The Mission Possible Partnership estimates that over the next several decades, with a horizon of 2050, world cement production could increase up to 23%a considerable increase that collides with another of the percentages that the sector manages: if it wants to comply with the standards of the Paris Agreement, its annual emissions will have to be reduced at least 16% by 2030.

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Objective: reinvent cement. The sector and researchers are aware of these weak points and have been working on formulas that are more respectful of the environment for some time. The objective, not at all simple: to reinvent cement, to achieve a “green” material that allows us to continue using it in our constructions while reducing its negative effects on the environment. Efforts in that direction have been activated over the years, of course.

In 2021 the University of Tokyo introduced a variety of cement made with food scraps, a material that, they say, is more resistant. The Japanese institution has also developed a process that allows concrete to be made with old fragments of material. Before, a team from Taipei had shown as waste from agriculture and aquaculture can also be used to replace coarse particles and binders in green concrete.

In this effort to obtain cement with less impact, a firm from Colorado (USA), Prometheus Materialsannounced just a few days ago that it is working with microalgae-based cement to build masonry blocks. A good example of the interest it arouses in the industry is that it has just closed a round of financing eight million dollars. Recently, a team from Washington also proposed making cement by reusing old masks.

Concrete also pollutes, and that is why Amsterdam has proposed that 20% of its buildings be made of wood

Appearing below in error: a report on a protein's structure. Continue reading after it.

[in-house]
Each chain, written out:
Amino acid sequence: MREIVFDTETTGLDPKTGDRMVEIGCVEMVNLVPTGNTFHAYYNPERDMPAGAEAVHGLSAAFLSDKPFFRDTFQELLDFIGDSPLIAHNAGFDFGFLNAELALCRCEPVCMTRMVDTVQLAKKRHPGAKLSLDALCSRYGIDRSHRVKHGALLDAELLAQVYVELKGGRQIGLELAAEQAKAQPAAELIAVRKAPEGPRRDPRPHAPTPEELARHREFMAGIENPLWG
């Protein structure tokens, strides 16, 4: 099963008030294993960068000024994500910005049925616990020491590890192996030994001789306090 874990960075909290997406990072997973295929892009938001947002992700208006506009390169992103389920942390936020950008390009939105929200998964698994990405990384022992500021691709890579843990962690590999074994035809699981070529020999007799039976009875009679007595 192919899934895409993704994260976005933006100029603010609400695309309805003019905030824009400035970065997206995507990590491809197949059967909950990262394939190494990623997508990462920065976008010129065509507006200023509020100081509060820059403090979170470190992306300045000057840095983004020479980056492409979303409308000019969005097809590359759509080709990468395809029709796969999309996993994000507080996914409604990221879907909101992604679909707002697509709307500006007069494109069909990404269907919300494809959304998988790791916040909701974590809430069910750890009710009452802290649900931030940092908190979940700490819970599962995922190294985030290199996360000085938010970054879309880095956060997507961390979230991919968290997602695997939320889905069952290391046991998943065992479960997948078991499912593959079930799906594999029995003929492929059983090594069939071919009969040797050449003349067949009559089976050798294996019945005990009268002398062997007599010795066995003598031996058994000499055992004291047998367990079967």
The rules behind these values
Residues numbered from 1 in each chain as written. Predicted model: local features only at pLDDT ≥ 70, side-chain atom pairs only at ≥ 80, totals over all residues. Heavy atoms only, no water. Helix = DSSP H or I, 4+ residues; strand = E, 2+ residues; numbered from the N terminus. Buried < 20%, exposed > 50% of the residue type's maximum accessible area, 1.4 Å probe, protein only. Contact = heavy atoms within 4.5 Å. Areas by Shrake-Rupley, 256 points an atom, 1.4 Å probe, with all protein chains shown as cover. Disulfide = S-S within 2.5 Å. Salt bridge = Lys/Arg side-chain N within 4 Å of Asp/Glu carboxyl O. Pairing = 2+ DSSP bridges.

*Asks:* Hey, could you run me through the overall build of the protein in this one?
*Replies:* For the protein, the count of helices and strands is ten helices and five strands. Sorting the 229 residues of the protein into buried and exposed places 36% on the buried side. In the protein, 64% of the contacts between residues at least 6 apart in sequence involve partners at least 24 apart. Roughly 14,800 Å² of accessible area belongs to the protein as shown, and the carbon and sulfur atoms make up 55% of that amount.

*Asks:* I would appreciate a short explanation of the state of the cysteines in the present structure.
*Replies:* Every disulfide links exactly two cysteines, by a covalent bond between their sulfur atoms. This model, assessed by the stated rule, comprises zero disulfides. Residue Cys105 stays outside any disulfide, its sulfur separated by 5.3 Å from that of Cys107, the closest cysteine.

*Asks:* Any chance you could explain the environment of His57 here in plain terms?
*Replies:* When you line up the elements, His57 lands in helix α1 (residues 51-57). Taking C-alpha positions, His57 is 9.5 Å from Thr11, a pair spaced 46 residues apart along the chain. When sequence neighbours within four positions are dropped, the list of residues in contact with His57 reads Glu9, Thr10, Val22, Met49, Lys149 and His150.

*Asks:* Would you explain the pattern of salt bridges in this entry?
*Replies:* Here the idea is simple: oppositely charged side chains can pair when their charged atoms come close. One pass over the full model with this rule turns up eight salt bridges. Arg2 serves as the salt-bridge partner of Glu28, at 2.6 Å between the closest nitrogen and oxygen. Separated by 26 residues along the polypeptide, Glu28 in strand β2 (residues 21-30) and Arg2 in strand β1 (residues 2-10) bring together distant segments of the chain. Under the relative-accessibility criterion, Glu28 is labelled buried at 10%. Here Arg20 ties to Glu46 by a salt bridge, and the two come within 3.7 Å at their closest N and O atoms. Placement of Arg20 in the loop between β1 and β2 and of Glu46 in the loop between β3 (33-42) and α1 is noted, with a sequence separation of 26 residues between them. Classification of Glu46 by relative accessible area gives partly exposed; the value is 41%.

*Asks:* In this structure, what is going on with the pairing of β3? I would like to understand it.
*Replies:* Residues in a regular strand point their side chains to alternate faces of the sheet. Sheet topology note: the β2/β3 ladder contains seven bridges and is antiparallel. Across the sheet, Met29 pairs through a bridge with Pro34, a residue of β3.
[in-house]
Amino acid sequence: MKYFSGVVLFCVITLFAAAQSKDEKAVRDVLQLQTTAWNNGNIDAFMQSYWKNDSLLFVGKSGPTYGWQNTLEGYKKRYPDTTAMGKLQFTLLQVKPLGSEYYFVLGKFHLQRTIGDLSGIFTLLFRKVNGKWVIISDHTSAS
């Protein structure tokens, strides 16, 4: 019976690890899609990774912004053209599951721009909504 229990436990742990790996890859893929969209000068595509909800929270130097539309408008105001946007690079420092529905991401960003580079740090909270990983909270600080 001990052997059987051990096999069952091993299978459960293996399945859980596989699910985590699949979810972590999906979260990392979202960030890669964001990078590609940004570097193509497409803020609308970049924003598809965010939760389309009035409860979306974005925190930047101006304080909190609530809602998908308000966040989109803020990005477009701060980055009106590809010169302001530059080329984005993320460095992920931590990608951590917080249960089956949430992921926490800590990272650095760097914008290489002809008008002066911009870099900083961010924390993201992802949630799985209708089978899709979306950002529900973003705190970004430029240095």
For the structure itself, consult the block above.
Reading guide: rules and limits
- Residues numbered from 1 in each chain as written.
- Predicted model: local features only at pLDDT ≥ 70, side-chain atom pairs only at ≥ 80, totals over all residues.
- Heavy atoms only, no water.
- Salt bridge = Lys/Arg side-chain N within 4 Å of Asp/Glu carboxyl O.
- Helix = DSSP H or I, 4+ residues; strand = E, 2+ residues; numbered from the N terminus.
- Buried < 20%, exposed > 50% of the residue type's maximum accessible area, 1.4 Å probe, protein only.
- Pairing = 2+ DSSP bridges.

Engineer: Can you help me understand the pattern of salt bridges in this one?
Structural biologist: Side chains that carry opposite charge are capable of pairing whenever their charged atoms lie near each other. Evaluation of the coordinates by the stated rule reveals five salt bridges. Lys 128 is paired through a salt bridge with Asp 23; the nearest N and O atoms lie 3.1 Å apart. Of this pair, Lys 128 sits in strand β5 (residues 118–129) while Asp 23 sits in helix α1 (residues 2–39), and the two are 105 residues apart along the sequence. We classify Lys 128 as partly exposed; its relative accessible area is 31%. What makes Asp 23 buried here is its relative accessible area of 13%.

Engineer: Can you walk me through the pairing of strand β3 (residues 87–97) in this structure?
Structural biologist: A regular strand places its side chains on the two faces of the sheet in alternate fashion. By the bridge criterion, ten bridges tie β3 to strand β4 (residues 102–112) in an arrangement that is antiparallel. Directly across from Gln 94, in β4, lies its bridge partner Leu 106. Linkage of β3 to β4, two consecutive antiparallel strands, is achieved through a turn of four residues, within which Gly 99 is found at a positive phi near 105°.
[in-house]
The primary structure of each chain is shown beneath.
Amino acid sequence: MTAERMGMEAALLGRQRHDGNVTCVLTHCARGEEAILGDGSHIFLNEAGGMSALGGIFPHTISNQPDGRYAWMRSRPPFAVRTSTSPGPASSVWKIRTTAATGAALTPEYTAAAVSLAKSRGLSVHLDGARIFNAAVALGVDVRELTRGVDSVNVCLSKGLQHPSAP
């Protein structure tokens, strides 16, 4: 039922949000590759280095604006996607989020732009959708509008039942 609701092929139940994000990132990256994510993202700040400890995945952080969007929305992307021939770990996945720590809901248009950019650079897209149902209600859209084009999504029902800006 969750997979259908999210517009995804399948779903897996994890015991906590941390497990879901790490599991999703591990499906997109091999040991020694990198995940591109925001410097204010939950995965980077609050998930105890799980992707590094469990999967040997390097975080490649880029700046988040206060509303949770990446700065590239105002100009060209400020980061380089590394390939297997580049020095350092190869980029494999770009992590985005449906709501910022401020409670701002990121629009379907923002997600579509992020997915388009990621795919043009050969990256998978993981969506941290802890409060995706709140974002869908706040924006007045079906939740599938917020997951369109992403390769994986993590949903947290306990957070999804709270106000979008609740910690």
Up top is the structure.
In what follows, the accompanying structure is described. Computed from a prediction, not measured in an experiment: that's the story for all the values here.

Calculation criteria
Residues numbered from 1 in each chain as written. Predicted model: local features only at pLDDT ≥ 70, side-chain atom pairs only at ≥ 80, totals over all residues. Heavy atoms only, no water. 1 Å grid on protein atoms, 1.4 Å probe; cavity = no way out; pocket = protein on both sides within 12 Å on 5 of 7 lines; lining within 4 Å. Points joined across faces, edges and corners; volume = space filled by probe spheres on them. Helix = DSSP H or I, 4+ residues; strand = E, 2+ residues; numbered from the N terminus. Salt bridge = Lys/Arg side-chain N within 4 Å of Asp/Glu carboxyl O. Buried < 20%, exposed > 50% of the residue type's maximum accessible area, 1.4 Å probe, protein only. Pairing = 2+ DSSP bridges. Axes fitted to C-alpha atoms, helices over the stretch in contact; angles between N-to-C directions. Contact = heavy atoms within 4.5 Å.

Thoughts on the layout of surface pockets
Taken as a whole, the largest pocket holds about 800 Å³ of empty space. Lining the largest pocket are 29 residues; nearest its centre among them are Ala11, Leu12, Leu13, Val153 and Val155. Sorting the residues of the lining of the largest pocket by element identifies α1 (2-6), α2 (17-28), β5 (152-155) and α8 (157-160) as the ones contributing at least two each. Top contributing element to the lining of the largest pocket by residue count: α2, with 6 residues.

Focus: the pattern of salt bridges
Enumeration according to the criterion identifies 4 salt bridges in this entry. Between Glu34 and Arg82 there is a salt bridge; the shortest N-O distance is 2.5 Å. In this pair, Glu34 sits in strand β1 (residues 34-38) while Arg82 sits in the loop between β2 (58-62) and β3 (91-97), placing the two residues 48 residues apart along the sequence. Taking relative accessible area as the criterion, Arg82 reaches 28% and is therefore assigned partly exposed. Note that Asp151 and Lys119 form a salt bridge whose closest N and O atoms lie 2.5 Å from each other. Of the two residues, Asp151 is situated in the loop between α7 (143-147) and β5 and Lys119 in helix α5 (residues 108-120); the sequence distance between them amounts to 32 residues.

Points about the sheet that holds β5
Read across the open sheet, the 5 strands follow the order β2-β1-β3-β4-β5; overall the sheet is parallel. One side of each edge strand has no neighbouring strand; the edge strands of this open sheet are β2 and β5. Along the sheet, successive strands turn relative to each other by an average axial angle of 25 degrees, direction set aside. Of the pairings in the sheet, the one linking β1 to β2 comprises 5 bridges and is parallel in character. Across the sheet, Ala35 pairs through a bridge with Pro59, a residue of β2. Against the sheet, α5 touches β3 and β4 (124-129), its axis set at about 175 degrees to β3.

The great challenge: scale production and pave the way. Developing new varieties of green cements, more respectful of the environment, is not the only challenge that researchers and industry have ahead of them. Making it is only the first step. as pointed out Popular Science (Popsci), there are other important and equally crucial challenges, such as costs, scaling up production or convincing the industry to take the plunge and change conventional cement for new alternatives.

“Completely changing the way we use cement would require many fundamental changes in our industry,” explains to Popsci Sohan Mone, Engineer: “The whole infrastructure is geared towards how cement currently works, from how we install it to how we transport it, everything.” One of the great challenges that cement companies and construction companies would have ahead of them is to demonstrate that the new alternatives meet the demanding safety standards. “We’re very regulated, rightly so, and we’re not very free in what materials we can use.”

Pictures | Jon Evans (Flickr) Y Bex Walton (Flickr)

From Tokyo to Madrid, passing through New York, Guadalajara, Vigo or Abu Dhabi. It doesn’t matter which city you look…

From Tokyo to Madrid, passing through New York, Guadalajara, Vigo or Abu Dhabi. It doesn’t matter which city you look…